The percentage of women in India’s workforce has hit a three-decade low, lagging behind even Pakistan and Bangladesh, even as the current economic slowdown has pulled down the already low number of women in farms, factories and offices.
Less than a quarter (23.4 percent) of India’s female working-age population (15 years and above) was employed in 2019, down from a record high of 32.5 per cent in 2005, according to World Bank’s latest data. This is the lowest in South Asia and nearly 1,300 basis points lower than Bangladesh, which is currently the fastest growing economy in the world. The number for India is also below the 24.1 percent ratio in Pakistan, which historically has the least participation of women in the workforce.
It may be no coincidence that in the December 2019 quarter, India’s GDP growth has hit a seven-year-low at 4.7 percent. This has forced companies in the organised sector to cut jobs or freeze entry level hiring. From IT and auto to telecom, media and aviation, jobs have been cut across sectors in the last two years.
“Unfortunately, in the workplace context, we are clouded by different types of biases. So when the axe begins to fall on employees during a slowdown, the usual suspects that feel the heat are those who are either at junior or mid-level roles. And 27 percent of all entry level positions in India Inc. are women, who are assumed by their managers that they are most likely to quit or take breaks at the altar of marriage, mobility or maternity. This is an assumption bias faced by most Indian women professionals,” says Dr Saundarya Rajesh, social entrepreneur and Founder-President, Avtar Group.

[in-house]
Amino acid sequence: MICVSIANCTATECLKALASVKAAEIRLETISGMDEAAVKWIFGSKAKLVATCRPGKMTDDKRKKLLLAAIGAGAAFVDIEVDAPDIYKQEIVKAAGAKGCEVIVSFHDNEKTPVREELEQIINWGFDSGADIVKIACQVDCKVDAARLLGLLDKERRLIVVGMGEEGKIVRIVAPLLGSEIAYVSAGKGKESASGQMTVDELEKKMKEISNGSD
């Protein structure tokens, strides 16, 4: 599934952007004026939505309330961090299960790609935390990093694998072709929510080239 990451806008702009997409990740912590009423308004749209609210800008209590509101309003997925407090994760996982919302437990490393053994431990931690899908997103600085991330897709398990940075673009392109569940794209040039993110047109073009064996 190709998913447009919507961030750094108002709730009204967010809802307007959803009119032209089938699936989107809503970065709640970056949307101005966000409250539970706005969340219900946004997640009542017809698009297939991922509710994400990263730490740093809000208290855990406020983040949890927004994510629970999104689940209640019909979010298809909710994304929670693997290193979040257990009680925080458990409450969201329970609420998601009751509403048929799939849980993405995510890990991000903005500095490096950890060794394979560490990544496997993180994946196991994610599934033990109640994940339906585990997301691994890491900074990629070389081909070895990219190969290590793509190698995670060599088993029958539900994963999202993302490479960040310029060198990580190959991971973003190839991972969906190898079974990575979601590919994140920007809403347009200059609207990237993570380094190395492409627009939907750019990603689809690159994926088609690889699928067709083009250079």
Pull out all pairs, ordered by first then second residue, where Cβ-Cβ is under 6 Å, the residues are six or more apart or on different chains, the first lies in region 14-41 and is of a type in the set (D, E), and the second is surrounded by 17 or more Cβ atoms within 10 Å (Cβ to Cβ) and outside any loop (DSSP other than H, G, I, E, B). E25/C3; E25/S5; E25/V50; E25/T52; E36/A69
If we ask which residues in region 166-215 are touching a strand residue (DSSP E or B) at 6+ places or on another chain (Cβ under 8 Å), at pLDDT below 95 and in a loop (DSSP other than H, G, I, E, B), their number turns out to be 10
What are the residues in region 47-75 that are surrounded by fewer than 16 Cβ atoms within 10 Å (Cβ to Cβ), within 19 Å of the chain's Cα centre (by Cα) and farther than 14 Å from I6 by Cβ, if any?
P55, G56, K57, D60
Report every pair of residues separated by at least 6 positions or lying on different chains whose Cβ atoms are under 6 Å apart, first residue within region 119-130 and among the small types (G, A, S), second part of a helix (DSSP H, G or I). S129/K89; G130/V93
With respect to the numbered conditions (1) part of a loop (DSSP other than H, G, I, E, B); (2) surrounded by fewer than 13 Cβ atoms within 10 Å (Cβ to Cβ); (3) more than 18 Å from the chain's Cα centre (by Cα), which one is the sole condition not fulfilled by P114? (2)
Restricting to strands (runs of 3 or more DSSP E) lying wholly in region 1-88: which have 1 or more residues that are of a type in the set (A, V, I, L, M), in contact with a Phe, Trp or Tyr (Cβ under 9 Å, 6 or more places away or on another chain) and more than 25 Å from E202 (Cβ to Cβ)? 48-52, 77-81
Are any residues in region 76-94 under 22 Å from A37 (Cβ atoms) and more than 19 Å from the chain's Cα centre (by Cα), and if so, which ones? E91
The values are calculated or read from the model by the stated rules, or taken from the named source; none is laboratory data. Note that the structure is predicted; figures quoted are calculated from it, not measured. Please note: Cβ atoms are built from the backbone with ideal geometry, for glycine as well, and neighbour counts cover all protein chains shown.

Pankaj Dutt, Managing Partner of Alexander Hughes’ India and Malaysia operations also reiterates that women generally grow in their career till the mid-level, where most of the gender diversity is seen. After six to eight years, most of them take a career break and rarely return to work.
The decline in women participation also reduces the availability of talent at the top, especially at the corporate board level. Market regulator SEBI’s corporate governance norms make it mandatory to have at least one independent woman director on the board of every listed company.
“The job loss trend has percolated to the unorganised sector as well, where several women tend to take up part time jobs,” he adds. This is especially apparent in the real estate sector. With demand stagnant for some years, job losses have been high in the construction sector, where over a quarter of the workforce is women.
The current low level of women’s employment in India brings it closer to Arab countries where the figure has been historically lower. In the Arab world, just a fifth of females in the working age are employed on average. In contrast, more than half of females are part of the workforce in developed parts of the world such as the European Union (EU), Russia and China.
Also, women’s participation in the rural workforce is relatively higher than the average, but urban participation is declining. Rituparna Chakraborty, Co-Founder and Executive Vice-President of recruitment firm TeamLease Services says, “While the less income generating roles have higher concentration of women, higher earning jobs have much lesser participation from them. It means that literate women, who can be part of the workforce, are opting to stay out of it and that is the biggest challenge right now.”